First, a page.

The Register-Guard
AAA  3 Sep. 2015 5:17 PM ET
Guatemala's new president is conservative former top judge
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Guatemala's new President Alejandro Maldonado attends his swearing-in ceremony before Congress in Guatemala City, Thursday, Sept. 3, 2015. Maldonado was sworn in as Guatemala's new president amid a corruption scandal that has caused a national political crisis. The conservative former judge will serve out the term of form President Otto Perez Molina, who resigned late Wednesday after a judge issued an order for this detention. Prosecutors accuse the ex-president of leading a customs fraud ring. (AP Photo/Moises Castillo)
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(AP) — Guatemala's new president had only just occupied the vice president's chair when he was promoted to the country's top spot following the resignation of outgoing President Otto Perez Molina amid a corruption scandal.

But Alejandro Maldonado, who had served only a few months as Guatemala's No. 2 official before Congress swore him in on Thursday, will have a short stay in the presidency as well. He will be replaced on Jan. 14, 2016 when the winner of Sunday's presidential contest is inaugurated.

The 79-year-old conservative former high court justice was chosen from a list that Perez Molina submitted to Congress in May to replace former Vice President Roxana Baldetti, who resigned because of the same scandal. She is now behind bars and facing charges.

After assuming the top office, Maldonado immediately asked for all the government's ministers and top officials to offer their resignations.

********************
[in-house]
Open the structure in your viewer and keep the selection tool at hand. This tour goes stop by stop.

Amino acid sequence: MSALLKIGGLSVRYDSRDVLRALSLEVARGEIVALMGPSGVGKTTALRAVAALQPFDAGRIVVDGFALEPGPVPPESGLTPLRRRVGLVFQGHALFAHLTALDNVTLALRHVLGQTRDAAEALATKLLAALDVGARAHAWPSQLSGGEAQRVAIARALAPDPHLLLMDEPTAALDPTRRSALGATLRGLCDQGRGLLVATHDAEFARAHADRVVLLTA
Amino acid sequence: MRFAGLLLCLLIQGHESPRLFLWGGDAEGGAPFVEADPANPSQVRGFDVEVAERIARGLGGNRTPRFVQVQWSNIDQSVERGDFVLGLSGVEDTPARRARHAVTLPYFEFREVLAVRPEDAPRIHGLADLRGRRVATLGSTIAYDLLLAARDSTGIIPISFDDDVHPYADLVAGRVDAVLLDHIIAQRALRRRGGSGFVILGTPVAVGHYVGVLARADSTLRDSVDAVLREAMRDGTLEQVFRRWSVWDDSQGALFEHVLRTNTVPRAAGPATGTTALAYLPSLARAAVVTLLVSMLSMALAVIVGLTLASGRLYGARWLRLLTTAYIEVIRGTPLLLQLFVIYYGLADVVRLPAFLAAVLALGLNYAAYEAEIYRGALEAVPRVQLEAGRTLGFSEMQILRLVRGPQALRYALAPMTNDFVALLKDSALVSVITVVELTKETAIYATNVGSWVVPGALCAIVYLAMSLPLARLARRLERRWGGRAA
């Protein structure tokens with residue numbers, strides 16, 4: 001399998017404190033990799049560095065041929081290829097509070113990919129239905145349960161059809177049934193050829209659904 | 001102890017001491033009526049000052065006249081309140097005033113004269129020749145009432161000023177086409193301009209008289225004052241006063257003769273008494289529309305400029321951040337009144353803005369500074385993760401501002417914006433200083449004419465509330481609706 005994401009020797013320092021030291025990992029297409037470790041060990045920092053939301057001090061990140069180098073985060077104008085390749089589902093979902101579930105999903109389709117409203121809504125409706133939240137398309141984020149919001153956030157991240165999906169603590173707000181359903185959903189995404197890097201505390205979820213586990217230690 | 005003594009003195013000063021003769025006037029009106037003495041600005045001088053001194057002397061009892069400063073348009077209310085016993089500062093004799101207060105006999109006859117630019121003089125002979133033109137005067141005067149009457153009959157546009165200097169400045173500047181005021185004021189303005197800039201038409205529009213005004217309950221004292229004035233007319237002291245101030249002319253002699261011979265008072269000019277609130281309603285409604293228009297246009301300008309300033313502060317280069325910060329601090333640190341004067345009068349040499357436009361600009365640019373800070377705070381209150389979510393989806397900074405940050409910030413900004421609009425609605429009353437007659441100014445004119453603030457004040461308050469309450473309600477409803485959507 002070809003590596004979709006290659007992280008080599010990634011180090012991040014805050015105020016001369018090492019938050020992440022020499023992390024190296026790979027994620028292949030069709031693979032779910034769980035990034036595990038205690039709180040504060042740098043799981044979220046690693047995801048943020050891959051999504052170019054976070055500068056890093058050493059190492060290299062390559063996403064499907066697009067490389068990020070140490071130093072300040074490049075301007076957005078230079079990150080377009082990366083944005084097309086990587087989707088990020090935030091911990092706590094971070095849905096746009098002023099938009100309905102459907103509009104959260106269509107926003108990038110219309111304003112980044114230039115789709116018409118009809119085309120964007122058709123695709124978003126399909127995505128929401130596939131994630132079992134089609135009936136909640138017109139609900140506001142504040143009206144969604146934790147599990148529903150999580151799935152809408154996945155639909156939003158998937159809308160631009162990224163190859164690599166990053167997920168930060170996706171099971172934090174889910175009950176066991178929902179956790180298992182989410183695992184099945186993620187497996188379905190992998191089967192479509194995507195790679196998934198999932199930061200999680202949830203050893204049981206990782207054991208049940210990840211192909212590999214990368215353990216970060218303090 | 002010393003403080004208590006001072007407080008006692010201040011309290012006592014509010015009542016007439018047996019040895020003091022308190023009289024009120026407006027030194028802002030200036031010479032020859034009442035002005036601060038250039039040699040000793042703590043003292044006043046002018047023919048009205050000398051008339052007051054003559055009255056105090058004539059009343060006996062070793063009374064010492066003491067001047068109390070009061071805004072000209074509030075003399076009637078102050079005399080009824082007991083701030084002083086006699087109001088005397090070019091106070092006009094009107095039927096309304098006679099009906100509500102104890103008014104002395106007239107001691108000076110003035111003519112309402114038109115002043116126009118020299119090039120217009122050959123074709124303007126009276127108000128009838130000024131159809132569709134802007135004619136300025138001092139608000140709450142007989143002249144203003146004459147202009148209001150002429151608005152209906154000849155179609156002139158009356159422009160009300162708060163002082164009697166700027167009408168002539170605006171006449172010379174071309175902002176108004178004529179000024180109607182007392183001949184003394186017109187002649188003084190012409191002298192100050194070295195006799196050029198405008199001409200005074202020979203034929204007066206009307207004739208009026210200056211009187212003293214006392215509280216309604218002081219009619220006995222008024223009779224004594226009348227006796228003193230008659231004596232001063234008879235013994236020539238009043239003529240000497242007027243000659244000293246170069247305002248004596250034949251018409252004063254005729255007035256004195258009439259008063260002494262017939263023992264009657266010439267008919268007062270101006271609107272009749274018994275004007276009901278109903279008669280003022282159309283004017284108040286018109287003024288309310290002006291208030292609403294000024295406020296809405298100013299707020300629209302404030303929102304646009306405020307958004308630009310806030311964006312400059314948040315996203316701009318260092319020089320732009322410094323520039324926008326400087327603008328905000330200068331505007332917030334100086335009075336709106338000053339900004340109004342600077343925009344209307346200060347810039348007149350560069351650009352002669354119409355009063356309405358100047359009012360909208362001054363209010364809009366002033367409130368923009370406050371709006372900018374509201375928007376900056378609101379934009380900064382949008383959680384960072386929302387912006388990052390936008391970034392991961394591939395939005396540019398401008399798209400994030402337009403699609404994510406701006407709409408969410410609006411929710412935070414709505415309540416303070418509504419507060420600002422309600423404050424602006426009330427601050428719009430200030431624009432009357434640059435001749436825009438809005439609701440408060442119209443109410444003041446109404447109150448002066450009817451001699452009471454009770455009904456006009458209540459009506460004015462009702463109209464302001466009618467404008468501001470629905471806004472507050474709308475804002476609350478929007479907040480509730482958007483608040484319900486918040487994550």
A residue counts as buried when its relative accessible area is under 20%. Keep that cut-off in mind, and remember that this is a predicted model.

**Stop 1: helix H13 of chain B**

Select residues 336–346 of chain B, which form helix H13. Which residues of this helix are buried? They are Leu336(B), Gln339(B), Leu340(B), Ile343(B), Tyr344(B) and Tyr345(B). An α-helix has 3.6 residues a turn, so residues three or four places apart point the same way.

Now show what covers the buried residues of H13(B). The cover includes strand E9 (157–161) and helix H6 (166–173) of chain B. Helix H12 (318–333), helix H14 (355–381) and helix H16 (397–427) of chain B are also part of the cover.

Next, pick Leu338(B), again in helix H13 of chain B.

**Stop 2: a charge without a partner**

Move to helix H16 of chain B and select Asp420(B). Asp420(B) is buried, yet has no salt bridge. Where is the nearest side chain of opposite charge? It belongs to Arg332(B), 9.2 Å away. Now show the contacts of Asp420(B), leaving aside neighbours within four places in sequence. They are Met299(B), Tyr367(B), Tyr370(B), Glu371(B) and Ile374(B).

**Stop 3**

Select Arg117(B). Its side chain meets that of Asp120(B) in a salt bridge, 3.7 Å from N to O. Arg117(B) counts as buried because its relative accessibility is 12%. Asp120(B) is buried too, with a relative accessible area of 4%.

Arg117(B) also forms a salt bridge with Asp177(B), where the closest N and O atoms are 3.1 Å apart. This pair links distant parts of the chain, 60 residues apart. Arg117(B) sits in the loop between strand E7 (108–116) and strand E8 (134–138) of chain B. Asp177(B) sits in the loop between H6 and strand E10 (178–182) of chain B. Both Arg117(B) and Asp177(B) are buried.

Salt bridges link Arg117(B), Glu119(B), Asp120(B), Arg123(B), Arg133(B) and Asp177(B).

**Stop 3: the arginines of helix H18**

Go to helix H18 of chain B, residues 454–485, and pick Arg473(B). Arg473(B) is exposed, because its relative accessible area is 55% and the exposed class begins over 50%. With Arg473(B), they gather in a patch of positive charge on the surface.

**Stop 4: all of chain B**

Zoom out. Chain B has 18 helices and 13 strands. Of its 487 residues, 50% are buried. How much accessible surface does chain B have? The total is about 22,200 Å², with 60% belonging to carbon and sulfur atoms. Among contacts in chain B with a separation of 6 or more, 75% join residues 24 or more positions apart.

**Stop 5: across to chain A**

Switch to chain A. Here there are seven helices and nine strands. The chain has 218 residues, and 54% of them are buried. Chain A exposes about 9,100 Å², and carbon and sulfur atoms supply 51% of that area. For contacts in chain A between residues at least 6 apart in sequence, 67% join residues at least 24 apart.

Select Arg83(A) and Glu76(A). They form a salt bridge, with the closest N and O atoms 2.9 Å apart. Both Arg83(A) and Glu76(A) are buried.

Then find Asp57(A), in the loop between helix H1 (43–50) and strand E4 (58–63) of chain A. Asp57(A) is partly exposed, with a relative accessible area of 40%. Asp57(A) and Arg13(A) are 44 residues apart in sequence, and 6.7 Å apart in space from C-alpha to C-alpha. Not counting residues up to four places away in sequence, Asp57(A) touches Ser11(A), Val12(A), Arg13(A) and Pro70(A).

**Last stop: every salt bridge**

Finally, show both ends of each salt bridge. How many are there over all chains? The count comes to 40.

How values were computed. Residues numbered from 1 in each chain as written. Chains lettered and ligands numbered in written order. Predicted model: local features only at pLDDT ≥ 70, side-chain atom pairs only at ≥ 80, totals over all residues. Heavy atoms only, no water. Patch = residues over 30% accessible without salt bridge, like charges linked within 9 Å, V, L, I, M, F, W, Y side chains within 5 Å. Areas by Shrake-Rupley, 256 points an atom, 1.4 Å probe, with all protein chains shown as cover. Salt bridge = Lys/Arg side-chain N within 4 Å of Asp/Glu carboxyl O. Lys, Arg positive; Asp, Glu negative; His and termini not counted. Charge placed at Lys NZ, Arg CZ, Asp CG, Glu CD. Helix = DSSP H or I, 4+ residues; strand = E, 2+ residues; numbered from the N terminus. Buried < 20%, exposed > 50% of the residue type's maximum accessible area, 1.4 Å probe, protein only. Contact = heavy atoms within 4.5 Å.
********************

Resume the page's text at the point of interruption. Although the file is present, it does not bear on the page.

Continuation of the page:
"I'm going to form a transition government and invite all the social groups that are protesting in the streets to propose young professionals to form the new administration," he said.

Maldonado has served as Guatemala's foreign minister and in ambassadorial posts. He also formerly headed Guatemala's highest court, where he presided over much-debated decisions like the one not to extradite former dictator Efrain Rios Montt.

Rios Montt faced charges in Spain for genocide, torture and terrorism committed at the height of Guatemala's 1960-1996 civil war, and the decision against extradition was hotly criticized.

Maldonado also oversaw the high court's 2011 decision to bar former first lady Sandra Torres' bid to succeed her ex-husband in the presidency. Torres had divorced then-president Alvaro Colom months earlier, but Maldonado said her candidacy still violated a constitutional ban on relatives of the chief executive running for the office.

Torres is running for president again, but the front-runner this time is Manuel Baldizon, a businessman who lost four years ago to Perez Molina.

Perez Molina appeared in court on Thursday after Congress voted earlier this week to strip him of his immunity from prosecution. Members of Congress were to meet later Thursday to decide whether to accept the president's resignation.

Prosecutor Thelma Aldana has said the ex-president is suspected of illicit association, fraud and receiving bribes in connection with a conspiracy that is believed to have bilked the government out of millions of dollars.

Officials allegedly took bribes in exchange for letting businesses evade import duties through the customs agency. Perez Molina has denied any wrongdoing.

Associated Press
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